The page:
by David Talbot
As Tory activists gathered in Bournemouth in October 2002, for what was regarded as a critical make-or-break conference for Iain Duncan Smith, few were thinking about his newly appointed chairwoman, Theresa May. But whilst Duncan Smith was wasting everyone’s time, meekly proclaiming himself “the quiet man” of politics, May delivered a speech to a stunned audience that would have profound ramifications for British politics.
In a particularly hard-hitting passage, May said it was time for the Conservatives to face up to the “uncomfortable truth” about the way they were perceived by the public as the “nasty party”. Her description of a party that had sunk into corruption, incestuous feuding and outright bigotry, was devastating precisely because it was accurate. If you didn’t dislike the Conservatives, you simply weren’t trying.
It left an indelible mark on the party. Cameron’s entire strategy, since his election as leader in 2005, could been summed up by self-conscious efforts at “decontamination”. Hence an acceptance of the critique from the left about the party, and total and absolute submission to their fundamental framing of the terms of British political debate. Cameron didn’t get to be leader of his party without grasping, from personal and political experience, that the 21st century Tories could never afford, whatever other battles they might be prepared to fight, to be seen as the nasty party. And Labour desperately wants to revive this sobriquet that Cameron spent years of his leadership escaping.
Jonathan Powell in The New Machiavelli: How to Wield Power in the Modern World, weaves the maxims of the legendary Florentine civil servant to the proceedings he witnessed as Blair’s chief of staff in Downing Street from 1997-2007. It’s part of a surge of well-researched books relating to the disturbing saga of the politics at the top of the Labour party that was so unspeakably vicious that it interfered with the business of government.
Powell’s evaluation of Labour in government amounts to a devastating critique. Brown, in particular, is lucky that the full extent of his disloyalty has emerged only gradually and only after he ceased to be prime minister. If only Brown had supported Blair’s reform programme and waited patiently, he would have been able to succeed to the leadership smoothly and the Labour party would not have been damaged irreparably by the constant destabilisation. But his brief, benighted premiership was crowded with the lowest of politics. In short, it often seemed nasty: not a useful, stringent, purgatorial nastiness. Just plain nasty.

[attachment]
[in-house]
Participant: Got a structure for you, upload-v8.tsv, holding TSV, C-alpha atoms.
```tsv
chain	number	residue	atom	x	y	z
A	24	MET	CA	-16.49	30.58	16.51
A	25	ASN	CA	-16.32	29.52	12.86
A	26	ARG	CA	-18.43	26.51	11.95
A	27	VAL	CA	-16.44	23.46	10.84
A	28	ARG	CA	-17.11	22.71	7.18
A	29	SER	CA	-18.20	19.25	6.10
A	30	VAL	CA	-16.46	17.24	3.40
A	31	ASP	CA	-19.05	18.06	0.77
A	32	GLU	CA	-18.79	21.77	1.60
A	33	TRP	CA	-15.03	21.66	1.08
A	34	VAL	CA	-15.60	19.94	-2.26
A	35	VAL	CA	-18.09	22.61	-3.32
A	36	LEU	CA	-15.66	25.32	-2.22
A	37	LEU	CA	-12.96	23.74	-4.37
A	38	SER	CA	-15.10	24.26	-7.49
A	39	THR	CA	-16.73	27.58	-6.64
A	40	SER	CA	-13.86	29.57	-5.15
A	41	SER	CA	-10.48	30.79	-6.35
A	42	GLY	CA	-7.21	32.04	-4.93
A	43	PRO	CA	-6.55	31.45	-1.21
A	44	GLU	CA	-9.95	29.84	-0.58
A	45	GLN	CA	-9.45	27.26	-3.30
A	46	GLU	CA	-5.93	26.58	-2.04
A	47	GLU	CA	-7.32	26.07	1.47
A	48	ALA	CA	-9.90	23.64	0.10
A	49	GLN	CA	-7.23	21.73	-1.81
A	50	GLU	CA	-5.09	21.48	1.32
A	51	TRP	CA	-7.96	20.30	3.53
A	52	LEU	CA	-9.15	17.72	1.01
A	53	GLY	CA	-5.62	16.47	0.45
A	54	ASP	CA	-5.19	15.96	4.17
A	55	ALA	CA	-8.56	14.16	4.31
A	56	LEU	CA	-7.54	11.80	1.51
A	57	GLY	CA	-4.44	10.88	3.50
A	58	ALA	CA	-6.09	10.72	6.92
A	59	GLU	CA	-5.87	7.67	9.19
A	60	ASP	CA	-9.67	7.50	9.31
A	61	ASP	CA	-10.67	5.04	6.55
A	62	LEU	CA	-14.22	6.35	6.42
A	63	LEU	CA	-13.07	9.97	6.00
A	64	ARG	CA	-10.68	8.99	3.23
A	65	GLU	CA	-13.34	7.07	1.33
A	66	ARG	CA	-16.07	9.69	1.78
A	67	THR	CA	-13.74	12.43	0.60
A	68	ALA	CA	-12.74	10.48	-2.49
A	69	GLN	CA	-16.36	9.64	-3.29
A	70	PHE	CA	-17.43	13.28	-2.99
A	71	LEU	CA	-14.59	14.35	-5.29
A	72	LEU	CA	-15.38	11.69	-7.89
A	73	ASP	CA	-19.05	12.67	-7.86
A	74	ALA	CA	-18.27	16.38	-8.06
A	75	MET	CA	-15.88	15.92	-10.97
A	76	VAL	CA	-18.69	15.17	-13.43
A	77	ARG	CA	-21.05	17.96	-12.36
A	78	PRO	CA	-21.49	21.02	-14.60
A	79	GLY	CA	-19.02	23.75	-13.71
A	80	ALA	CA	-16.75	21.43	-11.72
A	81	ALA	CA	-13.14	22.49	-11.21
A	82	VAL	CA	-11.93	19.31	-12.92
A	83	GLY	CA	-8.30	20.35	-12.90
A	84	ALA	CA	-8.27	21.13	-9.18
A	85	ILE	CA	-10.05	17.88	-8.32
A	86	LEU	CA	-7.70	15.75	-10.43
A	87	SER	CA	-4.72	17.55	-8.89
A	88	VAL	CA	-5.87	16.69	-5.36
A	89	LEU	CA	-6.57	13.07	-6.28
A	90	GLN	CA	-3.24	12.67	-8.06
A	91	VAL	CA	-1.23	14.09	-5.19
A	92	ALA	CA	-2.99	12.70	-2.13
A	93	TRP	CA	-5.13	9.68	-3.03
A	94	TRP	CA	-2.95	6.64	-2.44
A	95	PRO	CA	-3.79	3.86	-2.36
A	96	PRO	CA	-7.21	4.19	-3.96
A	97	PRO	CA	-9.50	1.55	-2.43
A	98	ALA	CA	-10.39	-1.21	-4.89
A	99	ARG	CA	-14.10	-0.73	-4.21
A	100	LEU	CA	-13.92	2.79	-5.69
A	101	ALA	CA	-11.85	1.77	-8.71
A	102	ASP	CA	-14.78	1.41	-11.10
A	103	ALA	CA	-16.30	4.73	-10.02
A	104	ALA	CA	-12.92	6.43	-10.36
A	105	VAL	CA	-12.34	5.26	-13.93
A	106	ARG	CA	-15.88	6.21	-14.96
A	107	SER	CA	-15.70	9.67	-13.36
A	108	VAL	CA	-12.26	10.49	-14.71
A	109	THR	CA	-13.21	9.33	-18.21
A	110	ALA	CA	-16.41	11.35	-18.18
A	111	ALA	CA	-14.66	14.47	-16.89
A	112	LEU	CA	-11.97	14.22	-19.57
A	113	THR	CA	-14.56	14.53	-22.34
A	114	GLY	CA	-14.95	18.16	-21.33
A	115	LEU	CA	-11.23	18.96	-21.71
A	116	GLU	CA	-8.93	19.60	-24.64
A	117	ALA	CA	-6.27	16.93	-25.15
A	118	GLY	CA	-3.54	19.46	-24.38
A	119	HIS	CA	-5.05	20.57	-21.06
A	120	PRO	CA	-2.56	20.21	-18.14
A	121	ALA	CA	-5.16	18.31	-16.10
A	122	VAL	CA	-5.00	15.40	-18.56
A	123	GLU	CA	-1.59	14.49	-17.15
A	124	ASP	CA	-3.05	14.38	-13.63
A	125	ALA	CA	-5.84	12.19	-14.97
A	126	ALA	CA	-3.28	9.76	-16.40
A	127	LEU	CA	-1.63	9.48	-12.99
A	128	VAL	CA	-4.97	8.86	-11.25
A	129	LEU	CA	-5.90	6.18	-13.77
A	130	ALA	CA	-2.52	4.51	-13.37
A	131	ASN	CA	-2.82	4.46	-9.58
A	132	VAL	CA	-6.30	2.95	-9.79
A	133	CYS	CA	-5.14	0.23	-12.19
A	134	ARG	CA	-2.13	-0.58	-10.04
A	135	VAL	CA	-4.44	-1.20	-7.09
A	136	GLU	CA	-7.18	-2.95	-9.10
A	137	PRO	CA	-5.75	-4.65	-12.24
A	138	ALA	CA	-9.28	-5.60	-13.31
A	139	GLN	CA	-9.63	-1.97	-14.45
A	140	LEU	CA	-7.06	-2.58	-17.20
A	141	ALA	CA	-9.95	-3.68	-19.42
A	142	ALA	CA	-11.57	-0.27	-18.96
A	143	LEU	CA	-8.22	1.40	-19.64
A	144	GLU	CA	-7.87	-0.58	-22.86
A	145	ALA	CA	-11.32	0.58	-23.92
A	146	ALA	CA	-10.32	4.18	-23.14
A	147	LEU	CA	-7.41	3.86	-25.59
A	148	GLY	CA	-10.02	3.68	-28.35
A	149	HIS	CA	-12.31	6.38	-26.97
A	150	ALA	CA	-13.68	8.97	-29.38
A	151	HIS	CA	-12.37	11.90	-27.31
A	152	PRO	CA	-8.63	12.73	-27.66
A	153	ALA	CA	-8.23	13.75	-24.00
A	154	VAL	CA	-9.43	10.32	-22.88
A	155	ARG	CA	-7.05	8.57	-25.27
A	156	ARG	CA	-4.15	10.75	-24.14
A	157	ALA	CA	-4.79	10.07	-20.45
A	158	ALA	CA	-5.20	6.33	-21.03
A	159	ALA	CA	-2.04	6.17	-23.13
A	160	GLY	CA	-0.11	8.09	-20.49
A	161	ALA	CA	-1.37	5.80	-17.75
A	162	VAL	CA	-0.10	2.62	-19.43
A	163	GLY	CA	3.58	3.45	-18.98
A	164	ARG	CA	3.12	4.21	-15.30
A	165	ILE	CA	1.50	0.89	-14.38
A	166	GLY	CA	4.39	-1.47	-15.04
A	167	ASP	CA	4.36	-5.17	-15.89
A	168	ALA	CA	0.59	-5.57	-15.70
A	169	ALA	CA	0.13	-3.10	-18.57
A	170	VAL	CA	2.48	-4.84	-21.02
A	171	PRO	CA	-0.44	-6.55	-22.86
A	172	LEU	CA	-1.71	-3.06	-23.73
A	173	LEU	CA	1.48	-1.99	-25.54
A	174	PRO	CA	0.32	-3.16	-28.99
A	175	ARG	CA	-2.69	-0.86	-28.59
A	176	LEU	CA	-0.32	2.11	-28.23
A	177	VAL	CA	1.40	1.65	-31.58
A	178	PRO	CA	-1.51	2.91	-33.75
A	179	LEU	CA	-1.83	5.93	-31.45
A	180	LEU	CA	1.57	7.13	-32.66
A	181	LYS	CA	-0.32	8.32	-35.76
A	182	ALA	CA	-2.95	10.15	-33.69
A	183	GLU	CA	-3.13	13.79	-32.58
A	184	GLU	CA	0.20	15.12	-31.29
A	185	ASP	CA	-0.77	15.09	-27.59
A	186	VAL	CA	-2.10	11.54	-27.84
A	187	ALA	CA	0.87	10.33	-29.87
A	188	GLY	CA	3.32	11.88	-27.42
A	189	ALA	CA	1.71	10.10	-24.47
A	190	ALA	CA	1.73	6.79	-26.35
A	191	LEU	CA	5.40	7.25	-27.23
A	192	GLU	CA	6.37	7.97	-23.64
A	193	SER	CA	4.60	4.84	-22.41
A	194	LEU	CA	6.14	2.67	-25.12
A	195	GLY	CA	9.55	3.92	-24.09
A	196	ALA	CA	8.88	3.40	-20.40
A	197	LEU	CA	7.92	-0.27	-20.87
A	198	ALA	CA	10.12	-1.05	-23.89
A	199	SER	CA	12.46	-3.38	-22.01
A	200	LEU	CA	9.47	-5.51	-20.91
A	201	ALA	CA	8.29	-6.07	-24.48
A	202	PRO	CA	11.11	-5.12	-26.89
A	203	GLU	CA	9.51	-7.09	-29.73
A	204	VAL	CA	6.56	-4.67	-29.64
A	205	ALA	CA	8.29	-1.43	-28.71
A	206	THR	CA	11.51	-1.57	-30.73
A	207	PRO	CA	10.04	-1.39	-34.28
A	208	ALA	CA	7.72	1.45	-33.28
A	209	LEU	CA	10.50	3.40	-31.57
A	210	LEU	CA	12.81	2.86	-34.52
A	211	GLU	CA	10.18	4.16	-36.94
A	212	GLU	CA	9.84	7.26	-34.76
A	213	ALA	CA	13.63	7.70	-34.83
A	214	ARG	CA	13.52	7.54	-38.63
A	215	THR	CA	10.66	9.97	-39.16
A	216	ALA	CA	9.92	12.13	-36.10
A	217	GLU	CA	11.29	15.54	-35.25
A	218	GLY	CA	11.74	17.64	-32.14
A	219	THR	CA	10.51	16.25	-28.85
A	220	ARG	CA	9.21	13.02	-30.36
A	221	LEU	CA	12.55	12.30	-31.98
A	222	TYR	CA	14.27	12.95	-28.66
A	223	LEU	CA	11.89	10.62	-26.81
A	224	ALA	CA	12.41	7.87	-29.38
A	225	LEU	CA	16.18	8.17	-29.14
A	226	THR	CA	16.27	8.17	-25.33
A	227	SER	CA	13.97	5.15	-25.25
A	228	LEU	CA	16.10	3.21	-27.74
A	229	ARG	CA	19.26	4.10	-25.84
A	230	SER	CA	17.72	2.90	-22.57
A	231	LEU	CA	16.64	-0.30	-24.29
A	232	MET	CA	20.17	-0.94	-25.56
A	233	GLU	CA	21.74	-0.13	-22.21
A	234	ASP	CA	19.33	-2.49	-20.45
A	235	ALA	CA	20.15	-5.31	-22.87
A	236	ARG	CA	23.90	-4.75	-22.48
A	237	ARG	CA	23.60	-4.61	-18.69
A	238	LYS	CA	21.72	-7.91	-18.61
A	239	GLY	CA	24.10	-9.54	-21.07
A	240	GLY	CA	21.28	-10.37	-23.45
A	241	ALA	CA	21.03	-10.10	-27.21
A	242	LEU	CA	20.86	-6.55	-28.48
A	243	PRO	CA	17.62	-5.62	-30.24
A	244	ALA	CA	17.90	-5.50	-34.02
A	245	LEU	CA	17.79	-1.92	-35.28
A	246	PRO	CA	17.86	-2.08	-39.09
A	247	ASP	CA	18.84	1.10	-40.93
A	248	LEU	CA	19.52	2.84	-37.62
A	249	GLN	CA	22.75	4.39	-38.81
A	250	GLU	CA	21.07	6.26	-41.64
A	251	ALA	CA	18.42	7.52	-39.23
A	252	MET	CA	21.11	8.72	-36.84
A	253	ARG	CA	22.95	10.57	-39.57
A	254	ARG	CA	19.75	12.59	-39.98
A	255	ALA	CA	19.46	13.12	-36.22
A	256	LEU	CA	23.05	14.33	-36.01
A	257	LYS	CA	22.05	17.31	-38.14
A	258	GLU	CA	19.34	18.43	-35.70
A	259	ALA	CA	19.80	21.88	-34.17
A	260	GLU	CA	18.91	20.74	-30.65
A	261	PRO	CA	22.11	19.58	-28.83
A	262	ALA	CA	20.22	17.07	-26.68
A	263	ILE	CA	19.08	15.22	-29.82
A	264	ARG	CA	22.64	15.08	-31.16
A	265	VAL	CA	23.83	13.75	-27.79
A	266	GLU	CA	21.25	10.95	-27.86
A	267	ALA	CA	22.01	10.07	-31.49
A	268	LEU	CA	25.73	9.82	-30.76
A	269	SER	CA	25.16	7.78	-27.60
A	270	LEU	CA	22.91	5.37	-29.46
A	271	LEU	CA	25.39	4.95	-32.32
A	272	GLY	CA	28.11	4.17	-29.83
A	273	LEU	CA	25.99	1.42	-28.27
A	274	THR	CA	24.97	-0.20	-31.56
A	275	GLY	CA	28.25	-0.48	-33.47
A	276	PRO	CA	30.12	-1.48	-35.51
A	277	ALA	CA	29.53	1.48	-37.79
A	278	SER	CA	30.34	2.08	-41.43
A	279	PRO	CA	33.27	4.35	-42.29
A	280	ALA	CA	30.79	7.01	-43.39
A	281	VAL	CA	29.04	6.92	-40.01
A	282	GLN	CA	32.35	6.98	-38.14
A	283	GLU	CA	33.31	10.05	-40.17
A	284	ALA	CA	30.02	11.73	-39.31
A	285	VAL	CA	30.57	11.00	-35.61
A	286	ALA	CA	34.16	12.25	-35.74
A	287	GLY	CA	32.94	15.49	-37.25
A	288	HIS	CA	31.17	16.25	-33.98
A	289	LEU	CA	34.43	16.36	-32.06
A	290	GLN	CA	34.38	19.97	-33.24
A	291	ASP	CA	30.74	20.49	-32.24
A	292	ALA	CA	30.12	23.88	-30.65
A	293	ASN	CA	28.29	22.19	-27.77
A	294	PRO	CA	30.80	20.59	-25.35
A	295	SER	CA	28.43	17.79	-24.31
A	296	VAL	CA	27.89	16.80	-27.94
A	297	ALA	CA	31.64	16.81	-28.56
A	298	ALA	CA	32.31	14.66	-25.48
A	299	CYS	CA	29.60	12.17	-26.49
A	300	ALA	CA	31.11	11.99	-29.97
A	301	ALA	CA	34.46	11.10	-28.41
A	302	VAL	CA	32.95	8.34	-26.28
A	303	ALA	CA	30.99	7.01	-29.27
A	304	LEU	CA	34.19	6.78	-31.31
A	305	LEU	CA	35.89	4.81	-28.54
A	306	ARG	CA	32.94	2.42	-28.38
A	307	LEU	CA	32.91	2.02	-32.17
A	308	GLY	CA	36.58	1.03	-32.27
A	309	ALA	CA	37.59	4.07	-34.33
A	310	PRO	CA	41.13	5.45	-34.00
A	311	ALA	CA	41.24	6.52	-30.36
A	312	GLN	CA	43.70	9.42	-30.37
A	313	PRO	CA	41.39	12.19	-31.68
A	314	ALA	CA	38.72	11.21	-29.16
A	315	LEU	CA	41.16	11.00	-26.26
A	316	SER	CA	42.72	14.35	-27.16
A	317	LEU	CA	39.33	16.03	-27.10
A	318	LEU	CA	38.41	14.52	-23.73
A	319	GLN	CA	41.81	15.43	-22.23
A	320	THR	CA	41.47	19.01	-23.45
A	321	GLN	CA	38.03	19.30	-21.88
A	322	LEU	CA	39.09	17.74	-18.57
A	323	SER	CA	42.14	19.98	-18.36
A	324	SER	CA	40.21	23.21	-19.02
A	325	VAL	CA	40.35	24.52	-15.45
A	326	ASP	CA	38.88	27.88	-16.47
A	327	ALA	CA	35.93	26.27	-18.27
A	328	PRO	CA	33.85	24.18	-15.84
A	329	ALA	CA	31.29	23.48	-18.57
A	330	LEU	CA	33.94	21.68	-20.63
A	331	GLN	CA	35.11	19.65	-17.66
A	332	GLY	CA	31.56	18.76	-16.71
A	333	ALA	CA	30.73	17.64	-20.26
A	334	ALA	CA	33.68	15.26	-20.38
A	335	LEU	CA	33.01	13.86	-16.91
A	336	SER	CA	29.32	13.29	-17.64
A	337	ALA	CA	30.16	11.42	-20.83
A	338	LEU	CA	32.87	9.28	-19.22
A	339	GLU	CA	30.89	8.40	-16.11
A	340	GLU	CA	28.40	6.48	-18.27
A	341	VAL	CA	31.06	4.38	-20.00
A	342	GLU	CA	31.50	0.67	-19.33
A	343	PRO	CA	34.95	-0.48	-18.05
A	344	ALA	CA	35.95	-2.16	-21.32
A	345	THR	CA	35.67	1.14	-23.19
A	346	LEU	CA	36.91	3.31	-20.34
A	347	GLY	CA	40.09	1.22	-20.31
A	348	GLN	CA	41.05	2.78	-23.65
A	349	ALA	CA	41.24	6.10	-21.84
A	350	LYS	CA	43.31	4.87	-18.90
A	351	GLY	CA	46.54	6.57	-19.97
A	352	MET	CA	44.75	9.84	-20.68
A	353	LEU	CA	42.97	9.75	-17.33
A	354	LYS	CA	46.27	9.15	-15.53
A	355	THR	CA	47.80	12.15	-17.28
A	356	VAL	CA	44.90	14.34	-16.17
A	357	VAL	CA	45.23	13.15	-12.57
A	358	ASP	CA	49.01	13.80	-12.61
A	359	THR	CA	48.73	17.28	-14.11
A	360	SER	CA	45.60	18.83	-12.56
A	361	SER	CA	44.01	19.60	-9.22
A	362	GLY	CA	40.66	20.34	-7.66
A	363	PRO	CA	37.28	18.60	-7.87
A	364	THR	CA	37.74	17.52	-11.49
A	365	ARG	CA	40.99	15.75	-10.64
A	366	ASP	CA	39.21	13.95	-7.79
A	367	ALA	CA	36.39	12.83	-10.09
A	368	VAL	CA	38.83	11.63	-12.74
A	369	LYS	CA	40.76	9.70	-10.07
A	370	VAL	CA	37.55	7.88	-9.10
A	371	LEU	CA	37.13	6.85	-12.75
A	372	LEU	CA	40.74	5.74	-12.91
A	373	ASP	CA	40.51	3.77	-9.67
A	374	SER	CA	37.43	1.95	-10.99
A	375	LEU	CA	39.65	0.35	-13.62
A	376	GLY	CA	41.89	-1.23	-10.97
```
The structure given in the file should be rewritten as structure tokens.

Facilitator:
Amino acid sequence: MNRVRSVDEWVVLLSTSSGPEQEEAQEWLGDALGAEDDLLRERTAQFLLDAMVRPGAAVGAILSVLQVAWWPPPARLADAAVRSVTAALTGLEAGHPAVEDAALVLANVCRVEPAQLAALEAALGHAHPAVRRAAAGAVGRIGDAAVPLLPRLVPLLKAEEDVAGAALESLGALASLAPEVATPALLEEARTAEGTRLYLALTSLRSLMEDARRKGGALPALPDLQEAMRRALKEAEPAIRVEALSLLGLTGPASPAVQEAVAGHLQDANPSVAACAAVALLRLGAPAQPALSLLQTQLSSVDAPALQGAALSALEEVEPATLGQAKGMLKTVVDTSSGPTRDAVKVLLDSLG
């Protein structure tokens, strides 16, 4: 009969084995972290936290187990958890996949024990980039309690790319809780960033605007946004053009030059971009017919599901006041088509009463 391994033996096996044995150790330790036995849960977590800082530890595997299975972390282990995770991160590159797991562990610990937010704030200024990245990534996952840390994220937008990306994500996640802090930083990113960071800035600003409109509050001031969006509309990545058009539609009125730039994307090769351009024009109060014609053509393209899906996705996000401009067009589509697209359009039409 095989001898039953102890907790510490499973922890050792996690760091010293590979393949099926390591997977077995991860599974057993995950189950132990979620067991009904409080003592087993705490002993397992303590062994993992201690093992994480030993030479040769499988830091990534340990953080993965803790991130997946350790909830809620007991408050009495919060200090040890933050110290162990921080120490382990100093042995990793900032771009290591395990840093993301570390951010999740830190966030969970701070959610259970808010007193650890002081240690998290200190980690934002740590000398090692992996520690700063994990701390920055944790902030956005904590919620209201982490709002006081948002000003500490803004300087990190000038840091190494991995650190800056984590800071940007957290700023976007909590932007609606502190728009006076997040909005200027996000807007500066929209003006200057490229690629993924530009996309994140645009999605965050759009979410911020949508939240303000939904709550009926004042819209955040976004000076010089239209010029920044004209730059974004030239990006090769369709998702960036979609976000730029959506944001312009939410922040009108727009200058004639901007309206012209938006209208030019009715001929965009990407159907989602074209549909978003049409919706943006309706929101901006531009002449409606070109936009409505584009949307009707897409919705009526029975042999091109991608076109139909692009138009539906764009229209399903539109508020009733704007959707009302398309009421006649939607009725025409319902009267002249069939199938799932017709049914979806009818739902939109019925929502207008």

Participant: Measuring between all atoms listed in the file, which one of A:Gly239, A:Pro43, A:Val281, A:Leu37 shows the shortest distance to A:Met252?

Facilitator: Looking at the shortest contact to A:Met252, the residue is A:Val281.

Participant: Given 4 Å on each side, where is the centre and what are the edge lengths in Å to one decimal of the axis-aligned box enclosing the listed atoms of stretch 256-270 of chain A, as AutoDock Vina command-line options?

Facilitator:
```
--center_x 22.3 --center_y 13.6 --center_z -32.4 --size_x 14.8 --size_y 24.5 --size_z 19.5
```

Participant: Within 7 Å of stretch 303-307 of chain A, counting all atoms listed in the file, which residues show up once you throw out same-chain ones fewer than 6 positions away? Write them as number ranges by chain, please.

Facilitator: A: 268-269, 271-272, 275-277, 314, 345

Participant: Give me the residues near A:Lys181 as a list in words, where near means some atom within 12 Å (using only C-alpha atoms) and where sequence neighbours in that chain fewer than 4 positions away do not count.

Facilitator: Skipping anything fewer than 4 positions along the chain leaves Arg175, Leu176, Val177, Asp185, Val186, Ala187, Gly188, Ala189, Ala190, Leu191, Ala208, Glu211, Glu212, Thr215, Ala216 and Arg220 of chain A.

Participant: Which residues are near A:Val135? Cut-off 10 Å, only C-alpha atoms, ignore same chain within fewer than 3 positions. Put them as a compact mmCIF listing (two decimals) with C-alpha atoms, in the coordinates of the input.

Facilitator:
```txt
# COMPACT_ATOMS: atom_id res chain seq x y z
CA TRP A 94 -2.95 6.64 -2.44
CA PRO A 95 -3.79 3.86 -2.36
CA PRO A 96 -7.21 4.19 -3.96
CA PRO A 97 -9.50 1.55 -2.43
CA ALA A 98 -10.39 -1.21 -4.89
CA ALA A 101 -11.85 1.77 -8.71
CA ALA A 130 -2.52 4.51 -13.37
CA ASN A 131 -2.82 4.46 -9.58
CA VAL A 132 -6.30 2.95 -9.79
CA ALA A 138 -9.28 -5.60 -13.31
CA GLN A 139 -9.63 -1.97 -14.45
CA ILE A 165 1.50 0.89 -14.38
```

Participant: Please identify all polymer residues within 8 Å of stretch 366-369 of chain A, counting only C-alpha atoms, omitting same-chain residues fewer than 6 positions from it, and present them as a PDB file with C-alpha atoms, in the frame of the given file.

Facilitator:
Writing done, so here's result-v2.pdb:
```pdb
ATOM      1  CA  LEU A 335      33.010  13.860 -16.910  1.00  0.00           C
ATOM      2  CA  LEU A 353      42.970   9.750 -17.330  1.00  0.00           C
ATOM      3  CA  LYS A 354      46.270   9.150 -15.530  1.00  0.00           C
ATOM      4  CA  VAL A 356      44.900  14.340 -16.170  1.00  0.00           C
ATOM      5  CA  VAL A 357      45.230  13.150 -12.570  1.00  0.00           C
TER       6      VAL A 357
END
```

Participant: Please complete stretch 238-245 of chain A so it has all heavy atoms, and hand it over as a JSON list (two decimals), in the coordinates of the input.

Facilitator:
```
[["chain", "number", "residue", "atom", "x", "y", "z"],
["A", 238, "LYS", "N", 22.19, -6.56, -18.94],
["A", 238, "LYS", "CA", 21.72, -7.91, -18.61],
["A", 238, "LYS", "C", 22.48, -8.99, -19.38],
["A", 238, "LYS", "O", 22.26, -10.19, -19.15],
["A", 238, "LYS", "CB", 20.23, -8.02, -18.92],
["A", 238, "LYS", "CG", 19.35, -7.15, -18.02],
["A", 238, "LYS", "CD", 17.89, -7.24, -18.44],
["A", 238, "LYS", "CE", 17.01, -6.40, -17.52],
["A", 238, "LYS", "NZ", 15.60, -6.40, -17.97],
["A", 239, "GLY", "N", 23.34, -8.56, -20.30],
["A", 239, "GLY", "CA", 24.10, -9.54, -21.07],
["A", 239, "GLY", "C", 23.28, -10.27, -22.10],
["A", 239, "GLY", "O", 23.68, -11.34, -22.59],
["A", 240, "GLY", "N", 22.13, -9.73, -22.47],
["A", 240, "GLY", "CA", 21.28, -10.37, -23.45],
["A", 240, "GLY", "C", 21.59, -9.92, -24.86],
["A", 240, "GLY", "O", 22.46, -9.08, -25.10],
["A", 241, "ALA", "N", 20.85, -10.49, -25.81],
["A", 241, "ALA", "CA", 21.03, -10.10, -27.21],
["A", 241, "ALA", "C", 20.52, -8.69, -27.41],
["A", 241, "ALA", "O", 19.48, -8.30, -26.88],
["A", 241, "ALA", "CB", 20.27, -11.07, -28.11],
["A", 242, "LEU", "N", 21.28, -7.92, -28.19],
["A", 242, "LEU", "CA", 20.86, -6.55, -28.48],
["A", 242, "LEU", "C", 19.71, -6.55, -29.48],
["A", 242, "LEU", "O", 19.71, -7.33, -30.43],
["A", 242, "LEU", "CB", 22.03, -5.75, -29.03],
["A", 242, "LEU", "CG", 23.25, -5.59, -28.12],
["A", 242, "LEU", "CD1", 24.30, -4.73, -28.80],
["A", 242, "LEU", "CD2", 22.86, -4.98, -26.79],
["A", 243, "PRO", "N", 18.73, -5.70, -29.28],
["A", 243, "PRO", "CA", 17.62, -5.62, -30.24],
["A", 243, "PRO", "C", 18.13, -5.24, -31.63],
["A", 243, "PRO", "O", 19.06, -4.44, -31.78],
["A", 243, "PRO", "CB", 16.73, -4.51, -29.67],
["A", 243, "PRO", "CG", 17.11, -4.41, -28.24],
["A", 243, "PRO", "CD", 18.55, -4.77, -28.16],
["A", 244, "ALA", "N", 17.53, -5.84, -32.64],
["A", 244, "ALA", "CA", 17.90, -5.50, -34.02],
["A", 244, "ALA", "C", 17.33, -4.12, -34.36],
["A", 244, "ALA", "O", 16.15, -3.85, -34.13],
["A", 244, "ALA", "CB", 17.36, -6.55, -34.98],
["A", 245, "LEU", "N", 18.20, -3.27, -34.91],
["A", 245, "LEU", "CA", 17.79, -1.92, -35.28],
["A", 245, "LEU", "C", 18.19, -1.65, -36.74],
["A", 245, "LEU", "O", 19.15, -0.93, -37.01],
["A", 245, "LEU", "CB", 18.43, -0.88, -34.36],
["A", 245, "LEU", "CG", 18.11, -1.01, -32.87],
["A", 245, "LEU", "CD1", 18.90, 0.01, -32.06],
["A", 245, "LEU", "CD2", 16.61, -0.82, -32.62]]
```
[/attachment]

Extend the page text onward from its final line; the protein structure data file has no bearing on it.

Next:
Many in Labour may take comfort in the belief that the Conservative party is still seen as being the nasty party. But it is no longer the case. The impression of Labour nastiness is stronger, and may matter more. Governments of the left sell themselves principally on their motive. On their avowed compassion, vision of social justice and morality. But Powell describes government where thuggery, bullying, threats and factions were the mainstay in the Labour arsenal.
Leaders seek office to change things through their ideology and beliefs. Yet they won’t be able to achieve any of their objectives unless they realise, as Machiavelli did, that there is such a thing as the art of government. Unless we accept and address the fact that Labour got this drastically wrong, the promise of a lasting legacy of bitterness and lost illusions is liable to haunt the party for many years to come.
David Talbot is a political consultant.